Disclaimers: When Should You “Give Away” Money? -

Disclaimers: When Should You “Give Away” Money?

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disclaimers
May a person entitled to an inheritance refuse to accept it? It might sound like a strange question, but there are strategic reasons why a person might choose to do so. The refusal to accept inherited property is referred to as a disclaimer, and the rules outlining how to properly execute a disclaimer are codified by both federal and state law.

First, why would anyone voluntarily choose to forego inherited property? It might be the case that the inheriting party simply doesn’t want or need it. Or perhaps the inheriting party doesn’t feel it was the actual intent of the testator. Take for example a surviving wife who has been left all of her deceased husband’s assets via husband’s Will. It may be the wife’s feeling that she’d like her children to have the couple’s vacation home immediately, rather than the children waiting for her passing to receive it. Or perhaps the wife doesn’t feel able to properly carry out the upkeep and maintenance of the vacation home.

Thankfully a beneficiary of a Will has the option of disclaiming his or her share of inherited property. By disclaiming property, the beneficiary allows the disclaimed property to pass to the next beneficiary in line under the Will—usually, but not always, the children. Disclaiming property becomes a bit more complicated when the property to be disclaimed is jointly held and does not pass under the Will, but for purposes of this article, assume that the interest in property passes entirely from the deceased party to another.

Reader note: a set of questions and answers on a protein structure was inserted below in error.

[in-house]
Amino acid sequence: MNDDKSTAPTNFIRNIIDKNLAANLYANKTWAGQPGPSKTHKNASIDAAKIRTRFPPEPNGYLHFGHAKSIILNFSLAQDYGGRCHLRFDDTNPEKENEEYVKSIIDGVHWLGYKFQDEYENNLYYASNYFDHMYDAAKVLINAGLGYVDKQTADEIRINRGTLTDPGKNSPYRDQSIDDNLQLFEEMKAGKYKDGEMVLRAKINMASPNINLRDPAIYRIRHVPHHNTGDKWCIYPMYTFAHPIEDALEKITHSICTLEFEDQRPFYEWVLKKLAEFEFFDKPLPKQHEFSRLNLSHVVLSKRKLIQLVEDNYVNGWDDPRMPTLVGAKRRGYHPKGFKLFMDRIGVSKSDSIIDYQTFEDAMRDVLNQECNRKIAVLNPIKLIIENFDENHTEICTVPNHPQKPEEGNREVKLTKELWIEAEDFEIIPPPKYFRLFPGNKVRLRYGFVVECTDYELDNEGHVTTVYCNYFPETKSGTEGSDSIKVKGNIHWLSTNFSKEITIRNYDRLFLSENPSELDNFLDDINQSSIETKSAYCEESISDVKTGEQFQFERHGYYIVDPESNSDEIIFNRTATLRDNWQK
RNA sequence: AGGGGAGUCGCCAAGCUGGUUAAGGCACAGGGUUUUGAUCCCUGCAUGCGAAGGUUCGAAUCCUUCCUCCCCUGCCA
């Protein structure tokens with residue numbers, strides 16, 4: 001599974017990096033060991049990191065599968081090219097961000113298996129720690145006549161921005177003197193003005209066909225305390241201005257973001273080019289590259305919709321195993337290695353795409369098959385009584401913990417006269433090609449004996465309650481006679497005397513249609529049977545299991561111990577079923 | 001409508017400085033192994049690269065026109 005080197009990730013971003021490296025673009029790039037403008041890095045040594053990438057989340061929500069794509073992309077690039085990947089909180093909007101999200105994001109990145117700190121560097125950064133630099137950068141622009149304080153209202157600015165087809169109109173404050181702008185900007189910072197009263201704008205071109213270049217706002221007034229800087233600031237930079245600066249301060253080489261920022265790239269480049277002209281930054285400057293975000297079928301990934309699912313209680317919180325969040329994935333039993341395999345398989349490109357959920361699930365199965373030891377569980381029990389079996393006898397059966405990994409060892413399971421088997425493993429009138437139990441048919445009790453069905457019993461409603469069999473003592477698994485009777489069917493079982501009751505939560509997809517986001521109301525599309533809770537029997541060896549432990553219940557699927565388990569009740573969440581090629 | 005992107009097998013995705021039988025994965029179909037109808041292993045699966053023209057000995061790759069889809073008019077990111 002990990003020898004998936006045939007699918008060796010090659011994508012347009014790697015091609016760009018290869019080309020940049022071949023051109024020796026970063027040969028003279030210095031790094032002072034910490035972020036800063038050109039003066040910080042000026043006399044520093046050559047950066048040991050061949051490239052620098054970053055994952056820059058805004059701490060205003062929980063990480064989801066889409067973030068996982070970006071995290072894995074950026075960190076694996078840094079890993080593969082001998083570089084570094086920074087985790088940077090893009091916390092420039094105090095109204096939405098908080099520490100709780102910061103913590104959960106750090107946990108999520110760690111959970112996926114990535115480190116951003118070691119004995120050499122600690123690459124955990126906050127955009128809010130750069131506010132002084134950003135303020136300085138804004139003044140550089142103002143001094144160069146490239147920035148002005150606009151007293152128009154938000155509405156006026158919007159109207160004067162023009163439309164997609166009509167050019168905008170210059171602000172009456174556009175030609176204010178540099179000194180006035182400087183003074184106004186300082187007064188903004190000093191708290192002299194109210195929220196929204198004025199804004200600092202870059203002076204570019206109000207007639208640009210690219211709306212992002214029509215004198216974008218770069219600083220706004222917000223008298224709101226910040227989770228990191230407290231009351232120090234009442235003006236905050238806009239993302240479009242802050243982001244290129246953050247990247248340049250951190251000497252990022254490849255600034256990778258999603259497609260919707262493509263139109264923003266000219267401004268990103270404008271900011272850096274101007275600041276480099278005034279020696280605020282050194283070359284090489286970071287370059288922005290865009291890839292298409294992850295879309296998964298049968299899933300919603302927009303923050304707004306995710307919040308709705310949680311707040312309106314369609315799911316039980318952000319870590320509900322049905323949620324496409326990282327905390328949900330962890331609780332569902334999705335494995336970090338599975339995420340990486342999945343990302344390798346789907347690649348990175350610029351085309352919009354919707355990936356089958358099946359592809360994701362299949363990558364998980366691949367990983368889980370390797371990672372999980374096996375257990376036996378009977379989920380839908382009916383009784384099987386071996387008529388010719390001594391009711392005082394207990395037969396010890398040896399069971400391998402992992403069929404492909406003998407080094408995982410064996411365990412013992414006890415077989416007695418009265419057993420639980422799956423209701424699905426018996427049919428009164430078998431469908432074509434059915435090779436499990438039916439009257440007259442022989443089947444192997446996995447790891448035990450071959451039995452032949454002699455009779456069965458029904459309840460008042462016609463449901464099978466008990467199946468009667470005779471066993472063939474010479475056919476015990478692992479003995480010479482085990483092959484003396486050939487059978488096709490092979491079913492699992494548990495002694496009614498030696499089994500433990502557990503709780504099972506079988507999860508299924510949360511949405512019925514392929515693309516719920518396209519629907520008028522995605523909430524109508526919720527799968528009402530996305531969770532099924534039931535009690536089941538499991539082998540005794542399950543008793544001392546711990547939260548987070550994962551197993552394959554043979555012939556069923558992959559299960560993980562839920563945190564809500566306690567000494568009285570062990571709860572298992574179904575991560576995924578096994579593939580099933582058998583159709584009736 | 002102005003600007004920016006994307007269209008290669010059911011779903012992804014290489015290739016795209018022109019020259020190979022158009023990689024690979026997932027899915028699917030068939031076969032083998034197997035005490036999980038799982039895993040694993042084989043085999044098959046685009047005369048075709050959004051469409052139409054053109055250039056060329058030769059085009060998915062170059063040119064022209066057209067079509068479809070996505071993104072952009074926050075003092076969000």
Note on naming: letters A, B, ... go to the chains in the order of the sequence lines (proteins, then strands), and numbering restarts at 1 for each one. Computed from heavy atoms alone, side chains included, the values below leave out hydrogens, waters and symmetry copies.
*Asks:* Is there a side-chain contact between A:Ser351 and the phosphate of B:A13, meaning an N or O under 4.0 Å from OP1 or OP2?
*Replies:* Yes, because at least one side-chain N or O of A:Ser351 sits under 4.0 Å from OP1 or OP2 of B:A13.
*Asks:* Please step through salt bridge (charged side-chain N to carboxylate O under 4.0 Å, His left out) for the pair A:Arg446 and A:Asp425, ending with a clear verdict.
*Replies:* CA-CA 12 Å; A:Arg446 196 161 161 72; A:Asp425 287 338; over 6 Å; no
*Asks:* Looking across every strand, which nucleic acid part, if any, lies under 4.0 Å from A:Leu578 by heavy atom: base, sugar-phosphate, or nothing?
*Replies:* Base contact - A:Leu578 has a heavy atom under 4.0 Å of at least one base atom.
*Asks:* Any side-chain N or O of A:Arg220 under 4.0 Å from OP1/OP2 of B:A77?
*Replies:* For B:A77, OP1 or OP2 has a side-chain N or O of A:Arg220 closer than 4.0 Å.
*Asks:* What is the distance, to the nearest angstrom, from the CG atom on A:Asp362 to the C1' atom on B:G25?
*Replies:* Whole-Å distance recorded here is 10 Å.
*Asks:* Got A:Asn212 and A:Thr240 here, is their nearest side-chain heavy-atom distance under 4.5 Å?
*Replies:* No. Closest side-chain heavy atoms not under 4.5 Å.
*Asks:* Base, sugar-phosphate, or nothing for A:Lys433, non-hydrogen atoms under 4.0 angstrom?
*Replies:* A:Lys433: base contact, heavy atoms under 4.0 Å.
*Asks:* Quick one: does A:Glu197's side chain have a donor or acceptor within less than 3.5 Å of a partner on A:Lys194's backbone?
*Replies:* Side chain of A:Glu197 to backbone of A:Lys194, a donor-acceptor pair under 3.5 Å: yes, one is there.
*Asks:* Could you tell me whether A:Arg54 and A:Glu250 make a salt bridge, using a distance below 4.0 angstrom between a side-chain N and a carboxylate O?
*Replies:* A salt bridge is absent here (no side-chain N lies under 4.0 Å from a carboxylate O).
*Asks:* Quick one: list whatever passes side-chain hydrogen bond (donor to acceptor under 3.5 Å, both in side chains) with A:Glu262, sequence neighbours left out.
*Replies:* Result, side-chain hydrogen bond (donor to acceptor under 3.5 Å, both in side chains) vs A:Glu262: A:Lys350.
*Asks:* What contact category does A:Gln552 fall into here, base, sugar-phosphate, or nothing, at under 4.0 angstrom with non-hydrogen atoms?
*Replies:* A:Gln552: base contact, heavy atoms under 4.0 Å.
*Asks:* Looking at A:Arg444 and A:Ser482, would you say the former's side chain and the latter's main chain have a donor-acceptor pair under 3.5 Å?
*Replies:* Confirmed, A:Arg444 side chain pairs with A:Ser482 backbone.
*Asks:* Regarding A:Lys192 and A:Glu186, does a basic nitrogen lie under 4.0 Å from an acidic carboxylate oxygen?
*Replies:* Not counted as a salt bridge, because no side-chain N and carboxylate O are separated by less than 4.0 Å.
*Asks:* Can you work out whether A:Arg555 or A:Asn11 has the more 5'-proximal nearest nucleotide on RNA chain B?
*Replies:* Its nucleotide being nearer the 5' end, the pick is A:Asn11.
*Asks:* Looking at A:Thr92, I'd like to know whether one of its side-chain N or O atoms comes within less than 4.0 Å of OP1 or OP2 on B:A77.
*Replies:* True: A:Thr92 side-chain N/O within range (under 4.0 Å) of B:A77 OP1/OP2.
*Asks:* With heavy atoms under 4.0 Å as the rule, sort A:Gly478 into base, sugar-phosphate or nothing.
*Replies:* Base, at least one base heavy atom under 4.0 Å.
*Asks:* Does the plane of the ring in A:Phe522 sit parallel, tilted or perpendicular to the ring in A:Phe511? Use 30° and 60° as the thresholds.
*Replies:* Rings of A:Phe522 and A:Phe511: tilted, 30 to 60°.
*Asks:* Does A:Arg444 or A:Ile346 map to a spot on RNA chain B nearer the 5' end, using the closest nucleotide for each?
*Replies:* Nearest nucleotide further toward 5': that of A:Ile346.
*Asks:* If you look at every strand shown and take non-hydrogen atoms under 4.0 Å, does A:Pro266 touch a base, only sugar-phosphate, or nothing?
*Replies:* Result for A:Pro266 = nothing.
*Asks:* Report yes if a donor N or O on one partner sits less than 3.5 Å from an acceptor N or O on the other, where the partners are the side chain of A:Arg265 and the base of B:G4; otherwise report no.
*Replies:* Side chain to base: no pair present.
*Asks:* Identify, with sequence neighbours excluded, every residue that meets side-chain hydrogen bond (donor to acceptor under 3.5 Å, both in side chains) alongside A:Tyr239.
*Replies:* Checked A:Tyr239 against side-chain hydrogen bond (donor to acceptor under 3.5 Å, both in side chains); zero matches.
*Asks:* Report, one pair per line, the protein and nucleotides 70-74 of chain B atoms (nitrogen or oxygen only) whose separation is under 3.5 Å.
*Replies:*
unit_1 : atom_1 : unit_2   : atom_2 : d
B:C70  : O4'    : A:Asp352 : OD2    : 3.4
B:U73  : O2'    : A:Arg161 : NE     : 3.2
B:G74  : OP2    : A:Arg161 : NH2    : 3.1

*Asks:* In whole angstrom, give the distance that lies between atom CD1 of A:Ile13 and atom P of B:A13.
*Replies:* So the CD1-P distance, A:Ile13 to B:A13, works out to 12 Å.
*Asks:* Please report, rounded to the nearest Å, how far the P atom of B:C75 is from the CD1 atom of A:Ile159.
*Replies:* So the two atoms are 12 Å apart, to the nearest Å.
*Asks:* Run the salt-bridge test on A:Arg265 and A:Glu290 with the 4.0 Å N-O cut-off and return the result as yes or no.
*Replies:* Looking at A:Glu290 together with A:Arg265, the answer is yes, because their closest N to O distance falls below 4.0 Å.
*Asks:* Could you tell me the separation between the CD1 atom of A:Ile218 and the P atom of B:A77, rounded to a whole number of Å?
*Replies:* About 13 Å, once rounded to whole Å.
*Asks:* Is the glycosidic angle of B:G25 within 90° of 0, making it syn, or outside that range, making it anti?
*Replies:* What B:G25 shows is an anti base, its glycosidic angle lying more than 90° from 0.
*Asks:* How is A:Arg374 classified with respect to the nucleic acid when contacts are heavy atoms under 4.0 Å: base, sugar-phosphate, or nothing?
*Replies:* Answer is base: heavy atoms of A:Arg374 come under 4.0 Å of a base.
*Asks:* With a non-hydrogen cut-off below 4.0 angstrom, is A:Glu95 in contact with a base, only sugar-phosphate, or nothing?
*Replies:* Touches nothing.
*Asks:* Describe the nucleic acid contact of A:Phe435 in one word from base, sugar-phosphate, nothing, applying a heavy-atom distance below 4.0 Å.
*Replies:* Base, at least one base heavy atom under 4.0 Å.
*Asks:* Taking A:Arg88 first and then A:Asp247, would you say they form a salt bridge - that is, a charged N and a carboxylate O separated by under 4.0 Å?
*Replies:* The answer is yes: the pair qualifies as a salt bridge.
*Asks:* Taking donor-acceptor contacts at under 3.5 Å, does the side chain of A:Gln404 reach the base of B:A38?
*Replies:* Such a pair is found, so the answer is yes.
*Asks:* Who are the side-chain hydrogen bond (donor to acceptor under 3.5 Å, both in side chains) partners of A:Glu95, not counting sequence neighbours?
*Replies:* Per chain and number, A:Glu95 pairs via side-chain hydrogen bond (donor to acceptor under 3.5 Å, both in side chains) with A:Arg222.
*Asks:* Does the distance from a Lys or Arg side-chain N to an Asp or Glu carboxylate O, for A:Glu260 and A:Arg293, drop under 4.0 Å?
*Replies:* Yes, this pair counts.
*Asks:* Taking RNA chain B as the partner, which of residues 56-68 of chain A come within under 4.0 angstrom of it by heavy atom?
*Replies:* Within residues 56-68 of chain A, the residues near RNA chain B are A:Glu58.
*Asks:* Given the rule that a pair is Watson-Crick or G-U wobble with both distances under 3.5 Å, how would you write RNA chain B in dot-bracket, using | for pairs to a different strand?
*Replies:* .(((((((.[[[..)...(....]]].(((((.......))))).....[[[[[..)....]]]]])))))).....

Similar to the above example, an inheriting child may choose to disclaim a deceased parent’s property. It may be the case that the child does not want the responsibility, or would prefer that another party receive the financial benefit of the bequest. In this case, the disclaiming child would be passing the property to the next person in line under the Will, or a member of the same “class,” perhaps.

Tax Benefits of Disclaimers

Additionally, disclaimers offer tax benefits under certain circumstances. Although the Federal estate tax threshold now exempts all estates smaller than $5.43 million, the Rhode Island and Massachusetts state estate taxes are much smaller ($1.5 million and $1 million respectively). If a surviving spouse fears that holding the entire couple’s estate may eventually subject his or her estate to tax liability, that spouse may disclaim a portion of the assets sufficient to lower his or her taxable estate.

Depending on the reason for the disclaimer, federal and/or state-level statutes governing the procedure, must be followed for them to be effective. Specifically, disclaimers must be executed within nine months from the testator’s date of death. Additionally, the disclaimer document must specifically and sufficiently describe the property to be disclaimed, and in some cases, must be filed with the probate court or local town or city property archives. The disclaimer must also be irrevocable, and the disclaiming party cannot have already accepted an interest in the disclaimed property or any of its benefits.

To find out more about disclaimers, or other estate planning and elder law strategies, please contact our office to speak with one of the attorneys.

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